As Carl Black gets the opportunity to move his family out of Chicago in hope of a better life, their arrival in Beverly Hills is timed with that city's annual purge, where all crime is legal for twelve hours.
A group of reporters are trying to decipher the last word ever spoken by Charles Foster Kane, the millionaire newspaper tycoon: "Rosebud". The film begins with a news reel detailing Kane's life for the masses, and then from there, we are shown flashbacks from Kane's life. As the reporters investigate further, the viewers see a display of a fascinating man's rise to fame, and how he eventually fell off the top of the world. Written by
According to Ruth Warrick, Orson Welles was not in good shape at the beginning of production. When principal photography began, Welles was suffering from the effects of caffeine poisoning as the result of consuming thirty to forty cups of coffee a day. Welles then switched to tea, figuring that the hassle of having to brew the beverage would naturally limit his intake. But Welles had someone on call to brew the tea for him, and within two weeks, Welles was the colour of tannic acid. It was also reported that he would go for long periods without eating, then put away two or three large steaks with side items at one sitting. See more »
When Susan is reading the news about her debut, the front page is displayed prominently. While the first paragraph or so of each story is indeed about her performance, the rest of the news stories are obviously not (with the exception of Jed Leland's negative review). See more »
On the Criterion Collection DVD of Orson Welles' classic "Citizen Kane" there is an original theatrical trailer where Welles cleverly advertises the film by introducing us to the cast including the chorus girls, whom he refers to as some nice ballyhoo. That pretty much sums up my opinion of the often over analyzed film that always shows up at the top of the list of greatest films ever made. Even though this was the first time I sat down to watch the film as a whole, I knew everything about it from studying it in film class and from the countless number of essays, homages, and parodies that have come down the pike over the years. It seems impossible now to judge the film against a blank slate, but with great ballyhoo comes great scrutiny.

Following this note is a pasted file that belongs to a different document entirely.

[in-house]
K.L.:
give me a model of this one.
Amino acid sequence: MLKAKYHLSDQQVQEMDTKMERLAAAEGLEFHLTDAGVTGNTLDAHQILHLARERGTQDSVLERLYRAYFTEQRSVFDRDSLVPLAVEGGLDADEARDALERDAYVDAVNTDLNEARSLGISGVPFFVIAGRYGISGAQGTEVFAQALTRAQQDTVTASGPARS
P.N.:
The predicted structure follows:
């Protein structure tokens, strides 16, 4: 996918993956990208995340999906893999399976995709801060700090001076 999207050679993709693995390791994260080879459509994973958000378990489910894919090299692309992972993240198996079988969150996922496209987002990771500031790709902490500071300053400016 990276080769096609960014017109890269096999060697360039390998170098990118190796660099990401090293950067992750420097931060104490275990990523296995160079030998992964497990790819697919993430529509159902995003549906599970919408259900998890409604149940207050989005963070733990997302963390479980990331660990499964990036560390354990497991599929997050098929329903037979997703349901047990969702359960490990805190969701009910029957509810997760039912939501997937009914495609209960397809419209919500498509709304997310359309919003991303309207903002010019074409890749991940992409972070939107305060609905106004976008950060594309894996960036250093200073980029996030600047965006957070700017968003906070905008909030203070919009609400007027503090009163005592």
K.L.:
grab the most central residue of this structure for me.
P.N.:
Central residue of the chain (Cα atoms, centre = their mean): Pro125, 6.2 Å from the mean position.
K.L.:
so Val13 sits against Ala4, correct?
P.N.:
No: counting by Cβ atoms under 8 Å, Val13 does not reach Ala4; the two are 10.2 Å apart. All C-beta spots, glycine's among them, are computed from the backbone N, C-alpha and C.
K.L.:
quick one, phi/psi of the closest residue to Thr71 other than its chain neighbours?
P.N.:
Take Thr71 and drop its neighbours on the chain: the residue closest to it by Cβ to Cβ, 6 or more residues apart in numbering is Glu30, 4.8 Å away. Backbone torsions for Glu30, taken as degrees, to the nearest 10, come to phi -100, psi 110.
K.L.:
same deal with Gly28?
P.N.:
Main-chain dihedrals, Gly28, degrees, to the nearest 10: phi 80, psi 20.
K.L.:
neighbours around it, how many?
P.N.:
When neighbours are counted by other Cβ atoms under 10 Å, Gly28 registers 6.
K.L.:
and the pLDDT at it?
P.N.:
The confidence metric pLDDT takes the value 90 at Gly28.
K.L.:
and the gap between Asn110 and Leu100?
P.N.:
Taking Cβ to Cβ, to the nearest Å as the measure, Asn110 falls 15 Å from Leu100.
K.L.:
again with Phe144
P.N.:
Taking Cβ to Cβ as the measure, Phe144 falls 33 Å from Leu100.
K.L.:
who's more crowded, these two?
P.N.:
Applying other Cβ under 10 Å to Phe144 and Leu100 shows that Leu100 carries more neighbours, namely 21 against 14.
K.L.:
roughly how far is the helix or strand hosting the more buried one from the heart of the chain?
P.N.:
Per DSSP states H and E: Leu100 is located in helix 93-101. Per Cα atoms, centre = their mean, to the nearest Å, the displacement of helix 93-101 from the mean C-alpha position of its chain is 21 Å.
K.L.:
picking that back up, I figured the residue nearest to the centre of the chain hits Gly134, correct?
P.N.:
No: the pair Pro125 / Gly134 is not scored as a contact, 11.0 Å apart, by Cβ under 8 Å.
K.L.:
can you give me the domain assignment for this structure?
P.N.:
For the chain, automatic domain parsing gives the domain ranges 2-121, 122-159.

Released in 1941 by RKO as a Mercury Theater Production, "Citizen Kane" is the tale of an influential and shockingly wealthy newspaper tycoon (Welles) inspired by the life of William Randolph Hearst. The story follows the investigation into the origins of "Rosebud"-the mysterious word Kane utters on his deathbed. Following newsreel footage announcing Kane's death, we are then thrust into a series of flashbacks through interviews with various people who knew Kane that reveal the nature of his character.
From a technical standpoint, Welles' film is as innovative and engrossing today as it was yesterday. Every single piece of cinematic trickery, every dissolve, every long tracking shot, every seamless edit, every play with chronology, every special effect is perfect. Welles was audacious and inventive with his art, and it is for these technical aspects that "Citizen Kane" will always stand the test of time.
However, the story of "Citizen Kane" remains cold and distant. I didn't instantly connect with the characters and the plot the way I did with other classics from the period like "Casablanca" or "The Third Man" or even more recently, "There Will Be Blood." Often, the supporting players over-act, and the flashbacks are tedious (especially the one detailing Kane's second marriage) or emotionless (like the scene showing Kane's snow covered childhood). There's a certain smug arrogance to the whole production that makes it seem like perhaps Welles was secretly making a comedy. It leaves one wondering how it would've come across had Welles actually been allowed to do a straight up biopic of Hearst.
Is it any wonder that so many critics today hail this as THE all time great? Much of today's cinema is geared towards style and technique over substance, and way back in 1941, Welles was the first to author this very modern brand of cinema where the art is not in the story but how it is told and shown to the audience. His "Citizen Kane" is technically rich, layered, and enthralling but narratively vapid. Did I ever really care about Kane or Rosebud? No, but it was fascinating to watch. It's some very nice ballyhoo indeed.
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